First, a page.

Although, your downtime costs may differ depending on the type of business. If you’re an ecommerce website and your site goes down, you’re losing 100% of product costs, as nobody can buy from you. For example, if you typically make £2,000 an hour via online conversions and your website is down for three hours, you have a lost product total of £6,000. But, if you have a physical store and your site goes down, then consumers can still purchase from you.

For instance, if you usually make £1,000 an hour in-store purchases on top of online profits, you need to consider this in your calculations by subtracting it from the lost product total of your website platform.

To calculate the extra-cost total:
The toughest part of calculating machine downtime, is discovering all the intangible, extra costs that machine downtime has created. Rather than using figures to work this out, it’s worth simply bearing in mind that the value of machine downtime goes beyond profits lost during the downtime period itself.

To calculate your recovery costs:
Before you determine the overall cost of machine downtime, you most note the recovery charges. Consider how much it cost you for: machine reboots, energy surges (when machines were powered back up), replacing/repairing parts, and retrieving lost data. Then, add this onto your other calculations to get a more accurate machine downtime value.

To calculate your final machine downtime cost:
The final calculation should include the total amount of each of the above sections. Simply add these together and you have your cost of machine downtime total. Remember to ensure that you use the same units of time to work each section out for an accurate outcome (e.g. employee pay per hour, product output per hour, etc.).

So, as we’ve explained, the costs can add up on a machine’s downtime and therefore, it’s important for companies to implement a plan to help reduce the impact. But how?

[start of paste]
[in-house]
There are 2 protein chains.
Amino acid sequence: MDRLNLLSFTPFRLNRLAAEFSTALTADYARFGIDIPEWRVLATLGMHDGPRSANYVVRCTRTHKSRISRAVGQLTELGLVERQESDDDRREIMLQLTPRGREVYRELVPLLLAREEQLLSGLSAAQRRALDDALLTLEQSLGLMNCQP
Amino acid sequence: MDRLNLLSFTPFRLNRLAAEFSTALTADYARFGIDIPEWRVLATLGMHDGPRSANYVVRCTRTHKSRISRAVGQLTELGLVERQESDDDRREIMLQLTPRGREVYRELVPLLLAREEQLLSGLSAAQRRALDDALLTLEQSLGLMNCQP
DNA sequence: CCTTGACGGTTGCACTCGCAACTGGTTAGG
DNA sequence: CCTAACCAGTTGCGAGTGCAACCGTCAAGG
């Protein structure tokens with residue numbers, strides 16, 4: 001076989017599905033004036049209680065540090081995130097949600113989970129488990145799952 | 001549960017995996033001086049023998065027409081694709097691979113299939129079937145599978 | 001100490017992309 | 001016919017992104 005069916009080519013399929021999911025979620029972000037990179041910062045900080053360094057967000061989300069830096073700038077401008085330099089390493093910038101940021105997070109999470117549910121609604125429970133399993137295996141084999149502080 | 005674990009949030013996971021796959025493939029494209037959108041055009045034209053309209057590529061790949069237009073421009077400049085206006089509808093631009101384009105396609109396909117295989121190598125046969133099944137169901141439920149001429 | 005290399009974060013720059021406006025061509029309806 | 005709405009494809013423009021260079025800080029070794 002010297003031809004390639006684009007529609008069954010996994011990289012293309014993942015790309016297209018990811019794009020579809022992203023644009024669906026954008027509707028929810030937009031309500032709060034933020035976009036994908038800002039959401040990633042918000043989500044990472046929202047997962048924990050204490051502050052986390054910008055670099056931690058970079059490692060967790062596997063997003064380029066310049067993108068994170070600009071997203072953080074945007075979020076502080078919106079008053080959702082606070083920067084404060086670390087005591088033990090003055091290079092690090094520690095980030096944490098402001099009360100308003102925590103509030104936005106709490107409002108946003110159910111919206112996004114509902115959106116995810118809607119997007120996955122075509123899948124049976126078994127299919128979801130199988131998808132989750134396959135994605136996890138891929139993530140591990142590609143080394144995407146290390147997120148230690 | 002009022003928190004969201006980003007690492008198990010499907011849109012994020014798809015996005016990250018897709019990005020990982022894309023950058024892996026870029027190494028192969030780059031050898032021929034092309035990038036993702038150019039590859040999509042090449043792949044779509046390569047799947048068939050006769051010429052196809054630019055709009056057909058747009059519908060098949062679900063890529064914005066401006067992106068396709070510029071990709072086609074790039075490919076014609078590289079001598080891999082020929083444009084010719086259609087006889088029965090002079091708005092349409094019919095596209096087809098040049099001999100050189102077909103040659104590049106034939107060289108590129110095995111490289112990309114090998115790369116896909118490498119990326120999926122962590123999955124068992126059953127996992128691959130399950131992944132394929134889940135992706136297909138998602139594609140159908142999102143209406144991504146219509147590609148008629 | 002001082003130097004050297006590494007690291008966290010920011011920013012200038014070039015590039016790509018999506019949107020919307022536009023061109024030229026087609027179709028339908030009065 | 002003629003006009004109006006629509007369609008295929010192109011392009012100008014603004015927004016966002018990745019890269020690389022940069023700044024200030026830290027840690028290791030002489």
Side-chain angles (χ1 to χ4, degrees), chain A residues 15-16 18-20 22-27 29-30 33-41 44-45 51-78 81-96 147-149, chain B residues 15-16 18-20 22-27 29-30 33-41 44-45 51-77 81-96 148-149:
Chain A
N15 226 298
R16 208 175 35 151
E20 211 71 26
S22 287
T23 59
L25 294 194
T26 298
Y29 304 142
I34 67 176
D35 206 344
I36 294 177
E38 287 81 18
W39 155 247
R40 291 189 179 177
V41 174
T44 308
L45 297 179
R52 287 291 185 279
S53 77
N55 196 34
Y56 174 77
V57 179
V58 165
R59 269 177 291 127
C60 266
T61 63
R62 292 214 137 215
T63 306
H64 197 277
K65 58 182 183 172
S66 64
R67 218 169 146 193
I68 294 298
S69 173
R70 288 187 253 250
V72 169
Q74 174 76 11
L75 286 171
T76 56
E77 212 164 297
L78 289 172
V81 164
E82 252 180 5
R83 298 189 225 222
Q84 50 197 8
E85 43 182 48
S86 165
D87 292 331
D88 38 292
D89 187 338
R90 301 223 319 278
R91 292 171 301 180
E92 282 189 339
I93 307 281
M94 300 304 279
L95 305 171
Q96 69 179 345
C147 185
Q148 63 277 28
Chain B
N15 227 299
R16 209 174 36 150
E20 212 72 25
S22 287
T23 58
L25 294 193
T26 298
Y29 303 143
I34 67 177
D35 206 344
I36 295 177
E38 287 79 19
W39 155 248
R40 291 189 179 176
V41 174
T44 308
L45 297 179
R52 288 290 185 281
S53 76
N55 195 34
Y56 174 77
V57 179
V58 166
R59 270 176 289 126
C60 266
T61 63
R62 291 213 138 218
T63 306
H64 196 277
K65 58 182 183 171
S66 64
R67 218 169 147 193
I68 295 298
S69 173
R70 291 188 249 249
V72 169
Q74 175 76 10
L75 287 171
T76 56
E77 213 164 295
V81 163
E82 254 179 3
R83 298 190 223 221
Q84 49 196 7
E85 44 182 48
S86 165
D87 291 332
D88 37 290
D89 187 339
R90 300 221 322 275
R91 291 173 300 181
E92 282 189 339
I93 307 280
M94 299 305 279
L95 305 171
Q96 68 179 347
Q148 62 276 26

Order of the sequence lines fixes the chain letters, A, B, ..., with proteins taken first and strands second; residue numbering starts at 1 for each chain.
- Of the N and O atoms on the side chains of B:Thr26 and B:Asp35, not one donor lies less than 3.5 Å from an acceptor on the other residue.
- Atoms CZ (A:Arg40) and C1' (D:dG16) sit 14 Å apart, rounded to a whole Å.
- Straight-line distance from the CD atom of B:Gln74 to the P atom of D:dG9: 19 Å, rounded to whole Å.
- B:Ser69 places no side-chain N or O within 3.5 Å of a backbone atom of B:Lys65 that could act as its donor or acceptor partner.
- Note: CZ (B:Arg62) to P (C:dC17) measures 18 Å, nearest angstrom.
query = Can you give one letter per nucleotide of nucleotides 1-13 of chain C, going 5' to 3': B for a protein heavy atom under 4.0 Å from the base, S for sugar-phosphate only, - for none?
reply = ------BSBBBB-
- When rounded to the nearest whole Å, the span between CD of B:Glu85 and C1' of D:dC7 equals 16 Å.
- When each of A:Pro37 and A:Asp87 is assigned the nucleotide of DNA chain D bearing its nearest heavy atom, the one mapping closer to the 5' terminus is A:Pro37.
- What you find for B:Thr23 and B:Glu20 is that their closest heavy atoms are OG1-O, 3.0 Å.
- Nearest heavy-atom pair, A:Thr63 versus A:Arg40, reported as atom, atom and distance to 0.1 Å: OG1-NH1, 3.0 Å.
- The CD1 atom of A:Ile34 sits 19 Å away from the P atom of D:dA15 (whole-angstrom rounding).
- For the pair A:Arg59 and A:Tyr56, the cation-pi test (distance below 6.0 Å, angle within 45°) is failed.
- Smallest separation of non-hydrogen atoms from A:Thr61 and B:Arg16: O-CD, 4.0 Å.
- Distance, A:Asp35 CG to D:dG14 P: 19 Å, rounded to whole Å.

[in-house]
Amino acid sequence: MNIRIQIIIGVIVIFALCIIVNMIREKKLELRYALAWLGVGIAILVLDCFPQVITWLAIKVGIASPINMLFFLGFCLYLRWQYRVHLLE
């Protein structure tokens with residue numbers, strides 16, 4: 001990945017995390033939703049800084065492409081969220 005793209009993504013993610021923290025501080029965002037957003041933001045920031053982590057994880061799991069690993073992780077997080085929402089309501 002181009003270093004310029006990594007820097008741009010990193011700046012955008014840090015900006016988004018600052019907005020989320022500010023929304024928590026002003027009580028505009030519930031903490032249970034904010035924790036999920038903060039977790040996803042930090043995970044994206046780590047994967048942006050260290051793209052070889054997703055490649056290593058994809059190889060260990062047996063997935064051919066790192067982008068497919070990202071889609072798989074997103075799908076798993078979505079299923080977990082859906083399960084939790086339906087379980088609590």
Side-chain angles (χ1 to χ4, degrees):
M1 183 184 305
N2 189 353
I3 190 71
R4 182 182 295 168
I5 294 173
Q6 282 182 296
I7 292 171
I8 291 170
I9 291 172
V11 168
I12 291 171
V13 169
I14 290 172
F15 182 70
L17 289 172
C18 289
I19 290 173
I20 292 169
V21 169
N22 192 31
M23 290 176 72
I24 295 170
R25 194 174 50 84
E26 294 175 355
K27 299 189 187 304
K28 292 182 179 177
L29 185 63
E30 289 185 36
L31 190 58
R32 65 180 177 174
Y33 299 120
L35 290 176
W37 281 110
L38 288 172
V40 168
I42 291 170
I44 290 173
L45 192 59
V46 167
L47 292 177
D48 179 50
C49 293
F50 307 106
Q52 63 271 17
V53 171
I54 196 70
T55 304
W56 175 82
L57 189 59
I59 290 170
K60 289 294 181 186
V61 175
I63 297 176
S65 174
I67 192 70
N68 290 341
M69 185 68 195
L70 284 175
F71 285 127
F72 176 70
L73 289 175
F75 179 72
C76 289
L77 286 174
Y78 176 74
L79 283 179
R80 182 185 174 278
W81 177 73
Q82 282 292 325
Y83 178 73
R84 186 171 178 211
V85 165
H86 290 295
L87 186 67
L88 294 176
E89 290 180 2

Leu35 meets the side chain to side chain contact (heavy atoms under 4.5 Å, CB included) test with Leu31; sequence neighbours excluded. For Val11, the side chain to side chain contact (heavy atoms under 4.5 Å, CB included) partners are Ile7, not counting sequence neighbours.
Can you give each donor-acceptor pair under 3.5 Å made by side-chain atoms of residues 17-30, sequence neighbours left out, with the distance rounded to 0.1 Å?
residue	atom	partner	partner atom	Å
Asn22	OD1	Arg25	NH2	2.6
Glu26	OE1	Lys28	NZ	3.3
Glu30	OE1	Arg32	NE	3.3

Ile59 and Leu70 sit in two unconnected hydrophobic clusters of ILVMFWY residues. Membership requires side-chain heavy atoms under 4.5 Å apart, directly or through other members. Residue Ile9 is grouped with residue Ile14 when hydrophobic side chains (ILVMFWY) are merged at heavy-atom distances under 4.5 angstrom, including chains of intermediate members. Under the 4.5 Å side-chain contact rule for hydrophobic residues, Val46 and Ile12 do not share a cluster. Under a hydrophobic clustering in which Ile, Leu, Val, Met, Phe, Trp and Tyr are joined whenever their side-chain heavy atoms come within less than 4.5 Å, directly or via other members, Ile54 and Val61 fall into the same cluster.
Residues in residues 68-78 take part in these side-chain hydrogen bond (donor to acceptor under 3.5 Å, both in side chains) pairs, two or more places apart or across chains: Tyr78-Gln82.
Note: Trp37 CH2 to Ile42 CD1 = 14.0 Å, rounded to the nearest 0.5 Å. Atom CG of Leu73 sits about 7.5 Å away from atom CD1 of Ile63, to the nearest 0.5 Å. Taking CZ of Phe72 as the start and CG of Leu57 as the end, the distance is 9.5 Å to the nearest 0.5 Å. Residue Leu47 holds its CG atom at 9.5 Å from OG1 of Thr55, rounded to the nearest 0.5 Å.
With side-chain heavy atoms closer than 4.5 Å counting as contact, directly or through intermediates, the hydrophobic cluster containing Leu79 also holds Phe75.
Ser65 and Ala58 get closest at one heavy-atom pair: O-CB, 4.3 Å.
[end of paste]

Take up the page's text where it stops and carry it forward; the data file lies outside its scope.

Statistically, more than half of machinery downtime is due to internal faults that are hidden. So, it’s essential that you regularly check and maintain your machines. Chris Proctor, Oneserve CEO, states that: “One of the most common technical faults is the overheating of particular parts, especially where there is metal on metal, as these can short electrical circuits and cause the machines to stop running.

“Vibrations, usually the first sign a machine is breaking, are another major cause of internal technical fault — they cause a cascading effect which can have a devastating impact on the machine. General wear and tear, as well as operator misuse, can also be the cause of technical fault.”

Simple services, such as motor overhauls and repairs, can educate you on any internal issues that could have otherwise sparked lengthy machine downtime if not noticed. Adopt a preventative maintenance mindset and check your machines and computers for viruses, glitches, and inefficient parts that could cause a companywide cessation of work.

Improve manager-to-operator communications so that those working with the machines in question can relay concerns directly before it’s too late. Commit your company to regularly updating your software and equipment and ensure that every member of staff is trained to use their machine or working station properly to reduce the chance of user-error. IoT (Internet of Things) is also an avenue of downtime prevention. Utilise the abilities of fault-notification sensors to help detect dropping performance levels and computing clouds to store vital data. Using innovations like these will help you arrange repair services prior to scheduled manual checks, as well as give a way of backing-up details and services in the case of a malfunction.

All industries must deal with machine downtime however, it doesn’t have to spell disaster. Bear preventative methods in mind and make sure to keep on top of downtime calculations so that you have an accurate oversight of the effect of downtime on your staff, processes, and profit margin.